Like most westerners discovering Hindi films and music, I fell in love quickly with the wonderful song form known as “qawwali.” People have many different interpretations on what a true qawwali is; I am just going to list my favorite film qawwalis, which I know have taken some liberties with the pure form. I like this particular article about qawwali and its history and development.
My personal criteria are that there be at least one singer with a chorus, and the song should build in rhythm, accompanied by clapping in addition to musical instruments and picturized in front of an audience which joins in. I also prefer the ones from older films which use more traditional instruments (e.g. dhola, harmonium, tabla, sarangi), and which usually begin with an alaap. If a “nautch-girl” is dancing, I consider that a mujra, not a qawwali. My definition and preferences might be too narrow for some, and too broad for some, but hey—it’s my blog!
I am keeping the list here to ones in films I’ve seen and which I remember vividly for their place in each film. So here they are, my favorites, in no particular order (because limiting them was hard enough without having to prioritize them).
1. “Shirde Wale Sai Baba” from Amar Akbar Anthony (1977): sung by Mohd Rafi; music by Laxmikant-Pyarelal
I **finally** understood Rishi Kapoor’s appeal as I watched him perform this song. The audience’s joy juxtaposed with poor hunted Nirupa Roy trying to hide from Ranjeet and Jeevan is just brilliant!
2. “Zalim Meri Sharaab Mein” from Reshma Aur Shera (1971): sung by Manna Dey; music by Jaidev
Sanju Baba’s first film appearance (below left), and a rollicking accompaniment to Waheeda Rehman peeping at Sunil Dutt as their romance begins. Plus, I love the hats.
3. “Hum Kisise Kum Nahin” from Hum Kisise Kum Nahin (1977): sung by Mohd Rafi and Asha Bhosle; music by R.D. Burman
Rishi Kapoor again, trying to woo Zeenat Aman away from her disapproving father Ajit:
and succeeding, of course!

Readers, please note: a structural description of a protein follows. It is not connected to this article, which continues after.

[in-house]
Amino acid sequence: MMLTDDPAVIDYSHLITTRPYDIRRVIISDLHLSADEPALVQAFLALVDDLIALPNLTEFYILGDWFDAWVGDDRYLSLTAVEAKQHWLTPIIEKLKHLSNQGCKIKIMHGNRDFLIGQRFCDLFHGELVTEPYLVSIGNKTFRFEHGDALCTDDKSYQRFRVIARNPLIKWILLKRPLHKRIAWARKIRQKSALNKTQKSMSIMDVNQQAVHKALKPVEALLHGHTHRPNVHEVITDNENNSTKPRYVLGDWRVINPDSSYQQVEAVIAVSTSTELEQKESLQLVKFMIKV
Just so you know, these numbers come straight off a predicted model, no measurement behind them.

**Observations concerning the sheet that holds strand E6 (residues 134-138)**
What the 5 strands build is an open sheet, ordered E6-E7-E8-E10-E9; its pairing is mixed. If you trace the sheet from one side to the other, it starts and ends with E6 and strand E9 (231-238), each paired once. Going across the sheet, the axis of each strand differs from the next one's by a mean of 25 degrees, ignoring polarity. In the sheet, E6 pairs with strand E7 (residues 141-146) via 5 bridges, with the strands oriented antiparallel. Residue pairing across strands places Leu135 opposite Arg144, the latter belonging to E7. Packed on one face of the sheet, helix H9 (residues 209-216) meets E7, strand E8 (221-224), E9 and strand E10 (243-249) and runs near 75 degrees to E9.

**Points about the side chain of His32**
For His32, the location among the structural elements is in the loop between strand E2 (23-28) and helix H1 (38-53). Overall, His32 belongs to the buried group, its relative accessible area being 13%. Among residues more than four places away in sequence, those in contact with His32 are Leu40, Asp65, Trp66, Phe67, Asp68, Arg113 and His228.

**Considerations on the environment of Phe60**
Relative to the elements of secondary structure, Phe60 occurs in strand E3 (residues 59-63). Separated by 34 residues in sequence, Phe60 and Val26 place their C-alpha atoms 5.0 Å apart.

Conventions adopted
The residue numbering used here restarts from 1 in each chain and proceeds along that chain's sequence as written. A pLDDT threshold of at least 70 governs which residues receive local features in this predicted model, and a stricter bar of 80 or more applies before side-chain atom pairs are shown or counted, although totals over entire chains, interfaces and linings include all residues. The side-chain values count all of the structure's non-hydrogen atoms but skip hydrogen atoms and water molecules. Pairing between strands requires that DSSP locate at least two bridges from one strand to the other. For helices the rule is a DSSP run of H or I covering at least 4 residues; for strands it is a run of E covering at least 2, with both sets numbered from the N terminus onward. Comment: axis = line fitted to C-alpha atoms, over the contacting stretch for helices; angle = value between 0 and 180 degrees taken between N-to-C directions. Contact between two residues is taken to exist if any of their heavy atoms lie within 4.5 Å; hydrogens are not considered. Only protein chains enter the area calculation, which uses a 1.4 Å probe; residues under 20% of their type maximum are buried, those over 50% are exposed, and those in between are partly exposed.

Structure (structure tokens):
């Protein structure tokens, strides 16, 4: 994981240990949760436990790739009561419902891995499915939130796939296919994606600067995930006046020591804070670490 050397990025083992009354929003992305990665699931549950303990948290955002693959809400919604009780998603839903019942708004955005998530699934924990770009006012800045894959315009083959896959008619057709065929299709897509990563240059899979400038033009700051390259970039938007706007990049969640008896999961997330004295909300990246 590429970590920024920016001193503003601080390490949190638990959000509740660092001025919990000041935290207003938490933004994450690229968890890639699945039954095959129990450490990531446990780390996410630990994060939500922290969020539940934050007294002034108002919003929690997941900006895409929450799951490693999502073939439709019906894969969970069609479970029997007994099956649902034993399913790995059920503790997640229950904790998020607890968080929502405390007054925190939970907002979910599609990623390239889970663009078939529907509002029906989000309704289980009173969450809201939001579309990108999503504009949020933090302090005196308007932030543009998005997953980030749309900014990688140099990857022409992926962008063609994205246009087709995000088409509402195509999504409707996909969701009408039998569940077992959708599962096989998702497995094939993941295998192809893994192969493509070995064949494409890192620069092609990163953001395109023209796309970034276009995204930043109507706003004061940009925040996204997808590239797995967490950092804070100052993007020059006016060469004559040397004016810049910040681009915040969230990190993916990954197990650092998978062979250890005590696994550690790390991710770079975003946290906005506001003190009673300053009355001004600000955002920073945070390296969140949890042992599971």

4. “Aaj Kyon Humse Parda” from Sadhna (1958): sung by S. Balbir and Mohd Rafi; music by N. Dutta
Nautch-girl Vyjayanthimala’s dreams of becoming a respectable lady and wife are shattered when her customers and musicians laugh at her, and she hides in her room. They sing this song in an attempt to coax her into performing for them:
Their fondness for her is apparent, as is their inability to see her as a human being. Her suffering seen against their light-hearted fun is very poignant.
5. “Jo Yeh Dil Deewane” from Dharmputra (1961): sung by Mohd Rafi; music by N. Dutta
A performance to celebrate the birth of a baby boy whose real mother has had to give him up for adoption; once again sorrow (hers) is contrasted against the festive air of the qawwali.
6. “Chandi Ka Badan” from Taj Mahal (1963): sung by Asha Bhosle, Manna Dey, Mohd Rafi and Sudha Malhotra; music by Roshan
All the music from this film is great. If I absolutely had to pick one soundtrack to take with me to a deserted island, this would probably be it. You all know the story!
7. “Teri Mehfil Mein” from Mughal-e-Azam (1960): sung by Lata Mangeshkar and Shamshad Begum; music by Naushad
I’m pretty sure everyone knows all about this one too, so I need say no more!
8. “Chali Chali Kaisi Hawa” from Bluffmaster (1963): sung by Shamshad Begum and Usha Mangeshkar; music by Kalyanji-Anandji
I just can’t keep Shammi out of this as he hams it up as a woman (along with Mohan Choti behind him).
How such a beautiful man can be such a hideous woman is beyond me!
9. “Pal Do Pal Ka Saath Hamaara” from The Burning Train (1980): sung by Mohd Rafi and Asha Bhosle; music by R.D. Burman
A gaudily dressed troupe of musicians keeps passengers entertained as their doomed train hurtles towards its destruction. A great film with a great cast.
10. “Mere Dil Ke Andar” from Phool Aur Patthar (1966): sung by Rafi; music by Ravi
A thief escapes capture by singing this qawwali as his accomplices, all in drag, pick the audience’s pockets clean. Hilarious!
Other qawwalis that I particularly like but haven’t seen in movie context are “Jhoom Barabar Jhoom Sharaabi” from 5 Rifles (1973); all the ones from Barsaat Ki Raat (which I really really need to see); “Daag Na Lag Jaye” from Mera Naam Joker (which I just can’t bring myself to watch); and “Hamen To Loot Liya” from Bijlee (1972).
What are your favorite film qawwalis?